Purchase this article with an account.
Rudiger von der Heydt, Nan R. Zhang; Analysis of the context integration mechanism in border ownership coding. Journal of Vision 2009;9(8):903. doi: 10.1167/9.8.903.
Download citation file:
© ARVO (1962-2015); The Authors (2016-present)
Border ownership neurons in the visual cortex (V2, V1) show an influence of image context far beyond the classical receptive field (CRF) that emerges less than 30ms after response onset. The nature of the fast context integration mechanism is not well understood. Three different hypotheses have been proposed: (H1) suppression/facilitation from the non-classical surround (Sakai and Nishimura, J. Cogn. Neurosci. 2006); (H2) propagation of signals along the V2 contour representation (Zhaoping, Neuron 2005); (H3) feedback from higher-level cortex (Craft et al., J. Neurophysiol. 2007; Jehee et al., Vision Res. 2007).
To test these hypotheses we recorded neurons in area V2 of alert fixating macaques and studied border ownership modulation with fragmented figures. We used “Cornsweet figures” which can be fragmented without creation of new contours. The contours of squares were decomposed into four corners and four edges. While one edge was centered on the CRF, the presence of the fragments outside the CRF was varied (factorial design).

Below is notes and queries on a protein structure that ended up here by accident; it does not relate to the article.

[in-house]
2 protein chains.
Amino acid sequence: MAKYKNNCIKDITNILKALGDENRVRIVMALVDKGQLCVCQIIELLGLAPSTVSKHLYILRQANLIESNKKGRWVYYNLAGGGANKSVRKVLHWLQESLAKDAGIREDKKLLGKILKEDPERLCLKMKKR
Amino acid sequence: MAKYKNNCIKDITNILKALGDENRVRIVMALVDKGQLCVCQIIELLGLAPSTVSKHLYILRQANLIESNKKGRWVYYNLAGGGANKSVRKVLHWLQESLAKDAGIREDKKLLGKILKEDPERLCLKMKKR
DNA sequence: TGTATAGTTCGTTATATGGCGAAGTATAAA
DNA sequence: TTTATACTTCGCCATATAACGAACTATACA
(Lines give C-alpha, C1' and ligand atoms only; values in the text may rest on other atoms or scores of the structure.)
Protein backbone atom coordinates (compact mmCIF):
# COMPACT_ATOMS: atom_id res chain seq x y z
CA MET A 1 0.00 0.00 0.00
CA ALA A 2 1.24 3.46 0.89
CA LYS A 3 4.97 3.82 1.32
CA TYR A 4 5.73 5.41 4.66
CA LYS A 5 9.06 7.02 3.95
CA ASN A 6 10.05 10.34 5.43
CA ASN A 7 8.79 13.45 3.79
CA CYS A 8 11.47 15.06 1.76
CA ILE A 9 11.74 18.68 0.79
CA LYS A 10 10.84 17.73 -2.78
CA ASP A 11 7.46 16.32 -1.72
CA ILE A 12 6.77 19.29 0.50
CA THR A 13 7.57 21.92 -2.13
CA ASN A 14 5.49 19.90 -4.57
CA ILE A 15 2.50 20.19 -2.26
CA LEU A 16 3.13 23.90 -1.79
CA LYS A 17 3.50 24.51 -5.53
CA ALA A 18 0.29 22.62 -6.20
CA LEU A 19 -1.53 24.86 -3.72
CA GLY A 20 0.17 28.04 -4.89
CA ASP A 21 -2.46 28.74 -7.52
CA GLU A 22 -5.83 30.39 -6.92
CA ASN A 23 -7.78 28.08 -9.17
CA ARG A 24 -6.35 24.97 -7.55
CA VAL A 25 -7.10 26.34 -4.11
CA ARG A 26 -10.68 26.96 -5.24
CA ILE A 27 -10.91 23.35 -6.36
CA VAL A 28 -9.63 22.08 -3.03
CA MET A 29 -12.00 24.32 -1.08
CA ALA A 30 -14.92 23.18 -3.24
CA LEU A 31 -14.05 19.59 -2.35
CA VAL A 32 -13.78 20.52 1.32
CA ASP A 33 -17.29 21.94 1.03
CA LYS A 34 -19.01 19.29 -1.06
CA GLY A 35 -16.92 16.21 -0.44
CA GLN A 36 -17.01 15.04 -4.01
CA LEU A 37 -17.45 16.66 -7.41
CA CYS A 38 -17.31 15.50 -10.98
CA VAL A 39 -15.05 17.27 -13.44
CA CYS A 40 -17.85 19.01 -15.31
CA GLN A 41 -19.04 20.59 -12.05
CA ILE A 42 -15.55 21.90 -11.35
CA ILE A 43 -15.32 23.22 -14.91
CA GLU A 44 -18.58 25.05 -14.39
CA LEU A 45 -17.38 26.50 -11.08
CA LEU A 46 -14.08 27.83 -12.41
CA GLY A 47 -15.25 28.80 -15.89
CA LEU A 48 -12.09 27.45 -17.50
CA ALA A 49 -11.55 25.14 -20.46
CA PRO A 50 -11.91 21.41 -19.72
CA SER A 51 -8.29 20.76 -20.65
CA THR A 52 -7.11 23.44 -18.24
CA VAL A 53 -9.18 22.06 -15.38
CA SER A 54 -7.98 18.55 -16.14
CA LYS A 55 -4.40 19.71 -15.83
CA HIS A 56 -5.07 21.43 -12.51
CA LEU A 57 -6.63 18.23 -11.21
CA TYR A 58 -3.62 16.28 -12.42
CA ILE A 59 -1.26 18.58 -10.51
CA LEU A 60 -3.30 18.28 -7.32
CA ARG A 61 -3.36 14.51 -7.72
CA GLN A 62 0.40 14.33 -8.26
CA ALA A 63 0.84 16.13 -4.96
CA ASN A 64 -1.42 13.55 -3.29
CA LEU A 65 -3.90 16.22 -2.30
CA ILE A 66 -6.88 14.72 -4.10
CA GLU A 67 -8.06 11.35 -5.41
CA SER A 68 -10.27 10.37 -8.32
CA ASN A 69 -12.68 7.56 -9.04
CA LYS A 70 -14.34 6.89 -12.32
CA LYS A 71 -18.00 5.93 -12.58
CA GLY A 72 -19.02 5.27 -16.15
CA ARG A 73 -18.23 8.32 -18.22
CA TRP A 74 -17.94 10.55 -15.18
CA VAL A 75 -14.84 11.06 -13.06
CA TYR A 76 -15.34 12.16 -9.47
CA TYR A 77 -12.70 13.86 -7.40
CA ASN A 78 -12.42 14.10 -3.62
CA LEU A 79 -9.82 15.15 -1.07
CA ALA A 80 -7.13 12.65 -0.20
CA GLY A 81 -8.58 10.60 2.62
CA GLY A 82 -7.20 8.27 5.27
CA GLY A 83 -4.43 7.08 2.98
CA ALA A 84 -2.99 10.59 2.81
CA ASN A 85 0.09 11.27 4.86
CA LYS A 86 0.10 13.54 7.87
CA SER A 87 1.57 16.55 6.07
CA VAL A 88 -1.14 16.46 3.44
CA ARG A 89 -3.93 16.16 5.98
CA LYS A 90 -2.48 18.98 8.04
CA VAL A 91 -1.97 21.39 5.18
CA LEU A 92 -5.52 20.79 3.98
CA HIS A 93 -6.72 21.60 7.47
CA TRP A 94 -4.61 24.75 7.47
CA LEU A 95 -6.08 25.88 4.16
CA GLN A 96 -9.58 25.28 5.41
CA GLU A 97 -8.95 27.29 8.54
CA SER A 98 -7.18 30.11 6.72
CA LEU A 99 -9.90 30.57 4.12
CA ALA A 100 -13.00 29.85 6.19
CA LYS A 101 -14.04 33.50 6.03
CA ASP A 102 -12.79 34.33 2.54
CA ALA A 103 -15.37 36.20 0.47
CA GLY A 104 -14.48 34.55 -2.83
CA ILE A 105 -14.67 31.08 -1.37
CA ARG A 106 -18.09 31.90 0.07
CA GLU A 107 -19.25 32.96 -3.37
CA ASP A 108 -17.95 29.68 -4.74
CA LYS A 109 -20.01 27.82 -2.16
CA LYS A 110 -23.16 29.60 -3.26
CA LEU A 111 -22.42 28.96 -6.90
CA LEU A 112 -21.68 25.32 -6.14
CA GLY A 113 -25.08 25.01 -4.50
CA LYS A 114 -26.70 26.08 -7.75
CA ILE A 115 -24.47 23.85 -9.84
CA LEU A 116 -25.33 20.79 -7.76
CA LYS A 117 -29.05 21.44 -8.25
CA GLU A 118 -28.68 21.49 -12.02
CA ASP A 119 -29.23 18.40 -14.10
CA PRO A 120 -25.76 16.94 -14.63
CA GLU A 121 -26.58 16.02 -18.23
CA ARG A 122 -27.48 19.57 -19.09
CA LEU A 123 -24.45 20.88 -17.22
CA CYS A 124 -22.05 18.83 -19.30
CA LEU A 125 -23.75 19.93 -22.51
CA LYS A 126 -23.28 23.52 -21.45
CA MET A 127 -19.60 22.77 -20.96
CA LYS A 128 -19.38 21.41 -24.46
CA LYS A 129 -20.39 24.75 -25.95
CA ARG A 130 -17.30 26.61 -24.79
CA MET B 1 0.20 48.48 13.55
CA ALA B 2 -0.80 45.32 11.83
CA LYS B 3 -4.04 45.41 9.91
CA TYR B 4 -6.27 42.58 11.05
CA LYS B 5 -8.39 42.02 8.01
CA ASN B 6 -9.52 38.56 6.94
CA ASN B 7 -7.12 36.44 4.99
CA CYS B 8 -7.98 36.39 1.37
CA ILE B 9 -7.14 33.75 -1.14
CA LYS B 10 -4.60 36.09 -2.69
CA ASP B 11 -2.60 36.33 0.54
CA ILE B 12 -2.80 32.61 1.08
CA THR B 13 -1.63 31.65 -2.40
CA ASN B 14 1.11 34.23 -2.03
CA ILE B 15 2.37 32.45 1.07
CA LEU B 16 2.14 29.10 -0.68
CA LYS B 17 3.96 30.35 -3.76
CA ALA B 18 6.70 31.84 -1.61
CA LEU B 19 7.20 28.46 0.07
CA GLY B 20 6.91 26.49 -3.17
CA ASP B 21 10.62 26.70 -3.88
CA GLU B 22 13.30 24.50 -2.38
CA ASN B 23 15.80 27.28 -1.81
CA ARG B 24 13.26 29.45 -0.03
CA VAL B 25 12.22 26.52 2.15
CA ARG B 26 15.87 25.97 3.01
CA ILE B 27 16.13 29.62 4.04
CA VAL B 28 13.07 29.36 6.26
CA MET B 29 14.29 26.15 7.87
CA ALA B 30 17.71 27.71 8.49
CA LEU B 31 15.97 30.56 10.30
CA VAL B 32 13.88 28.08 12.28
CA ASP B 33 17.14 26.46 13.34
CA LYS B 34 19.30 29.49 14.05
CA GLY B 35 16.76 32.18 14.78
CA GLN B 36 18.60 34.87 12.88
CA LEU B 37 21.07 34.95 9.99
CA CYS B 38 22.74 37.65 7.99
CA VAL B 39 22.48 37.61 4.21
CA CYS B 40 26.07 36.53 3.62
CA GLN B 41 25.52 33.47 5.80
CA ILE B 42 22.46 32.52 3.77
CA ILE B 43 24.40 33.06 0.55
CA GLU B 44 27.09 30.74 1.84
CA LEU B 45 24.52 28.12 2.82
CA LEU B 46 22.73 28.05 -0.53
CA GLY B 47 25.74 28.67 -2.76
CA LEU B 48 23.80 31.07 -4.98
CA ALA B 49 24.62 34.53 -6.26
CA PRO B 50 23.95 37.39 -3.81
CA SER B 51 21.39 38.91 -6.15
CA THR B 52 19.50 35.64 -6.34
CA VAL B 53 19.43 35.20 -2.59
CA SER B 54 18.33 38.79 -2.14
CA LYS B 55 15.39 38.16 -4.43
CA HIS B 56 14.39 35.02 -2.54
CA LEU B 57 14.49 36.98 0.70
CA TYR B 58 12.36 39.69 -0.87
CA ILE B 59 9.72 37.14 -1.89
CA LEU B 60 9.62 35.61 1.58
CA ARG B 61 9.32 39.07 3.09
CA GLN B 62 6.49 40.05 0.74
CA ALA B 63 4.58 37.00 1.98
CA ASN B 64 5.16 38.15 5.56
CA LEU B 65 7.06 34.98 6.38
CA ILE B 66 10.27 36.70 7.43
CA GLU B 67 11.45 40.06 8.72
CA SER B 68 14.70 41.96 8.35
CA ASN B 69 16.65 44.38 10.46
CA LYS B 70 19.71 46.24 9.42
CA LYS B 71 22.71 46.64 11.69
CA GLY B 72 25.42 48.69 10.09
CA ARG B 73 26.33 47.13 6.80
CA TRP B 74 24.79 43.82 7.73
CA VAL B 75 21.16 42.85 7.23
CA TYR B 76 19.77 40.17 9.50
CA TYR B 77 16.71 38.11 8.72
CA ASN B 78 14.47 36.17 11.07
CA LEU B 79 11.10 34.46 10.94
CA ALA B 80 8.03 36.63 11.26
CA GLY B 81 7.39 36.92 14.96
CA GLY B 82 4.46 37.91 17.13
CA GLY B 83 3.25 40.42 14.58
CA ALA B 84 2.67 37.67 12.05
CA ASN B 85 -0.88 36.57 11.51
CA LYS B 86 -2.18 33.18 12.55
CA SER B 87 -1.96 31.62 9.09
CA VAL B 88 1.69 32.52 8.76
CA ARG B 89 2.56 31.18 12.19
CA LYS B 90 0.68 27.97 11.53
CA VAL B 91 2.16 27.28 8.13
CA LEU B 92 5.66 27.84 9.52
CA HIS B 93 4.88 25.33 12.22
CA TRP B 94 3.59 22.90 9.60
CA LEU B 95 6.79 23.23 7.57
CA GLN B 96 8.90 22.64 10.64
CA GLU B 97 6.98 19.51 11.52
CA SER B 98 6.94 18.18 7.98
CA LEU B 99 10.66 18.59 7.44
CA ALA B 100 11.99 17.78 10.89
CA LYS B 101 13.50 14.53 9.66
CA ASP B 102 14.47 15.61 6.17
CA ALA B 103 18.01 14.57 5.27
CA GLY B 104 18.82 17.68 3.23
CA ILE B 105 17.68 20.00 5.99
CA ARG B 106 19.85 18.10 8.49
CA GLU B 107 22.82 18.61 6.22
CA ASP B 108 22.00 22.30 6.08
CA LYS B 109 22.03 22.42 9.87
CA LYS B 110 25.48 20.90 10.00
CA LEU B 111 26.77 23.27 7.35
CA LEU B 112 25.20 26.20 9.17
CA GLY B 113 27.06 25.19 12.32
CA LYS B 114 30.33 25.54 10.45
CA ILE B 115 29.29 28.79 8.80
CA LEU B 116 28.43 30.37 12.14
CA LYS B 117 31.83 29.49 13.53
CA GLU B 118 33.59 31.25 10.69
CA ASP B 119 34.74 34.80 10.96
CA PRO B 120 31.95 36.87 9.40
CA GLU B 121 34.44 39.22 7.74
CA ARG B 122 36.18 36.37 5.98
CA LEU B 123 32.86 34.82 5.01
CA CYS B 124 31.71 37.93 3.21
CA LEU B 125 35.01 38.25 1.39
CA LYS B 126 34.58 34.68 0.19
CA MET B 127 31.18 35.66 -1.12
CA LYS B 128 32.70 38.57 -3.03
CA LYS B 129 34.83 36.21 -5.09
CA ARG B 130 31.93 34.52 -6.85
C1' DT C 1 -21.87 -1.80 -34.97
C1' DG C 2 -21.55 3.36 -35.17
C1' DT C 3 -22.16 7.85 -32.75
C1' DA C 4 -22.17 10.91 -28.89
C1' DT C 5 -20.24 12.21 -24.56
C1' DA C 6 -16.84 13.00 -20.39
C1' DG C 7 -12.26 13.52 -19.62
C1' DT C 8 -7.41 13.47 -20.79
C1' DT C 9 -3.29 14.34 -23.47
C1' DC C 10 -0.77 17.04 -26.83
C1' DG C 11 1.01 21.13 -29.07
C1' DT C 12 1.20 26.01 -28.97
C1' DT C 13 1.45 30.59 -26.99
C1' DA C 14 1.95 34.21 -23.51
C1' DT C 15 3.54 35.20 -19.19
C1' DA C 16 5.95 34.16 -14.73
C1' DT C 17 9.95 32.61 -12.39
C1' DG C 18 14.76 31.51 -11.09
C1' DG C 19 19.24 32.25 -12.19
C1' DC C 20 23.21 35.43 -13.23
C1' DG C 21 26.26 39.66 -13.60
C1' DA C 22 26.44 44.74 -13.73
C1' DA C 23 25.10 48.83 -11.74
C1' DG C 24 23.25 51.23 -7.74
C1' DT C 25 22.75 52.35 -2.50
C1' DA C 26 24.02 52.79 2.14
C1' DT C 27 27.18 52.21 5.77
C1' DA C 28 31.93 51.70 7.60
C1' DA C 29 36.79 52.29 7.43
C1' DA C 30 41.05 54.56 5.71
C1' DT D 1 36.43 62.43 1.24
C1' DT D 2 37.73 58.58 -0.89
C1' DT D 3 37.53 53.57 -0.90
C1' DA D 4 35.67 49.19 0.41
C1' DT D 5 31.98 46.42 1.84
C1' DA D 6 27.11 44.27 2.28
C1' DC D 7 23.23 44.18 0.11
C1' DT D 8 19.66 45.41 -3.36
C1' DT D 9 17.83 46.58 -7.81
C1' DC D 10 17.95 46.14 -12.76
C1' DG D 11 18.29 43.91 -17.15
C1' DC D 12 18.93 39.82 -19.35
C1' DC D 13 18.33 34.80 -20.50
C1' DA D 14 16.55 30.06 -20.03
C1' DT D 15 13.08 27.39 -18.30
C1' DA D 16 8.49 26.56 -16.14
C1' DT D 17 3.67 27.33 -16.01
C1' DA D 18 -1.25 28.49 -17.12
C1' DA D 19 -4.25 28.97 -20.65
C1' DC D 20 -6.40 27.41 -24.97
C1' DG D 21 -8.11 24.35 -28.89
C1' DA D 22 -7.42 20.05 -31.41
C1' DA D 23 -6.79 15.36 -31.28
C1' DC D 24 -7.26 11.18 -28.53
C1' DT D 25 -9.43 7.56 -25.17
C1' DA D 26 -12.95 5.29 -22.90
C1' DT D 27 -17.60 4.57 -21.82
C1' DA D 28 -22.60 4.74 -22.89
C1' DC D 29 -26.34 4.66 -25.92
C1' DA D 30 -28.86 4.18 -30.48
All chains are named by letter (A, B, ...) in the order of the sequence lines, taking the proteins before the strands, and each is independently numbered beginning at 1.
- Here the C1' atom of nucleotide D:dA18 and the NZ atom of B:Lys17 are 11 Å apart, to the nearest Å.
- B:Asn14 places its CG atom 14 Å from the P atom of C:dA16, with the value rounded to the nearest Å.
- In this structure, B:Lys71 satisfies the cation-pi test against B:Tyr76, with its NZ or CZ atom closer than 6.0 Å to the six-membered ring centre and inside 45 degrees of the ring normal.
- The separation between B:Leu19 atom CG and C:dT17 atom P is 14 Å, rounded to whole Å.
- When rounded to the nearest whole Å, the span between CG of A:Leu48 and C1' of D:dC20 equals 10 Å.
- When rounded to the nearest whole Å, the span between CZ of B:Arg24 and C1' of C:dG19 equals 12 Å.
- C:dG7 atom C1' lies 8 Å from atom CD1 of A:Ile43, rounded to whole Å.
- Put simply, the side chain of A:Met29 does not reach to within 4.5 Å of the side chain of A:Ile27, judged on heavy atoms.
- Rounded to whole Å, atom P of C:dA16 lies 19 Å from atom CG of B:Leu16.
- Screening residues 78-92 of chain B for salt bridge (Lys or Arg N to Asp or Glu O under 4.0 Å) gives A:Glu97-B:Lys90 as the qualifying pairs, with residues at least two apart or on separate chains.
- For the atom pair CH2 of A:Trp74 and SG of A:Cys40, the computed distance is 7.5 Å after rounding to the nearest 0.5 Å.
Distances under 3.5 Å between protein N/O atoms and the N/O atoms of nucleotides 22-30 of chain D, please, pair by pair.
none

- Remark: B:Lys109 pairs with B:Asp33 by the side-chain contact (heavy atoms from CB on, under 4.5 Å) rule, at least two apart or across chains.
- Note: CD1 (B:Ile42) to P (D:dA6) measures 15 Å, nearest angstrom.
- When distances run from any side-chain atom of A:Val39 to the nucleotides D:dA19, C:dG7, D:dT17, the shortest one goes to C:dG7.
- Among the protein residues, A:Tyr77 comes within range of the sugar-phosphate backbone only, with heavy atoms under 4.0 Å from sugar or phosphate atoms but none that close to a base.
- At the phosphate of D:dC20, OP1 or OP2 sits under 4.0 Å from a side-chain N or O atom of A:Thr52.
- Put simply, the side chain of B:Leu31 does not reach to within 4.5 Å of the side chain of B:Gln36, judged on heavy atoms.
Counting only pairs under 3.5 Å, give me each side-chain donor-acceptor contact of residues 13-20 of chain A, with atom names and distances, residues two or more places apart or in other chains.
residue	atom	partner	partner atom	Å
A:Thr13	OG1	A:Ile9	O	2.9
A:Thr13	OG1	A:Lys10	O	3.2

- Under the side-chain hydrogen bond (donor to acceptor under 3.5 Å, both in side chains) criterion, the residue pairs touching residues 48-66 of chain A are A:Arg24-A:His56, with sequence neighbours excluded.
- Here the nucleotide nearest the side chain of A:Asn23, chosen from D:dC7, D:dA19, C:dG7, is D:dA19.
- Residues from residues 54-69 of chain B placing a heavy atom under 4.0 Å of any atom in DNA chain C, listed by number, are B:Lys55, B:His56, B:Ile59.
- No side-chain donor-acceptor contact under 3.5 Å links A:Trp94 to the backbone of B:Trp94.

Cornsweet figures generated border ownership signals nearly as strong as solid figures. The fragments outside the CRF produced facilitation on the preferred border ownership side as well as suppression on the non-preferred side. In the mean across cells, all locations on either side contributed about equally. Fragments far from the CRF influenced the responses also in the absence of fragments closer to the CRF, and without the extra delay that would be expected from intracortical propagation, arguing against H2. About four of the seven fragments on either side contributed significantly, on average, whereas H1 predicts that no more than one or two would have an influence. The results were consistent with H3, namely feedback from a higher-level area close to V2, which allows all parts of the contours to influence the responses independently and implies no differential delays.
This PDF is available to Subscribers Only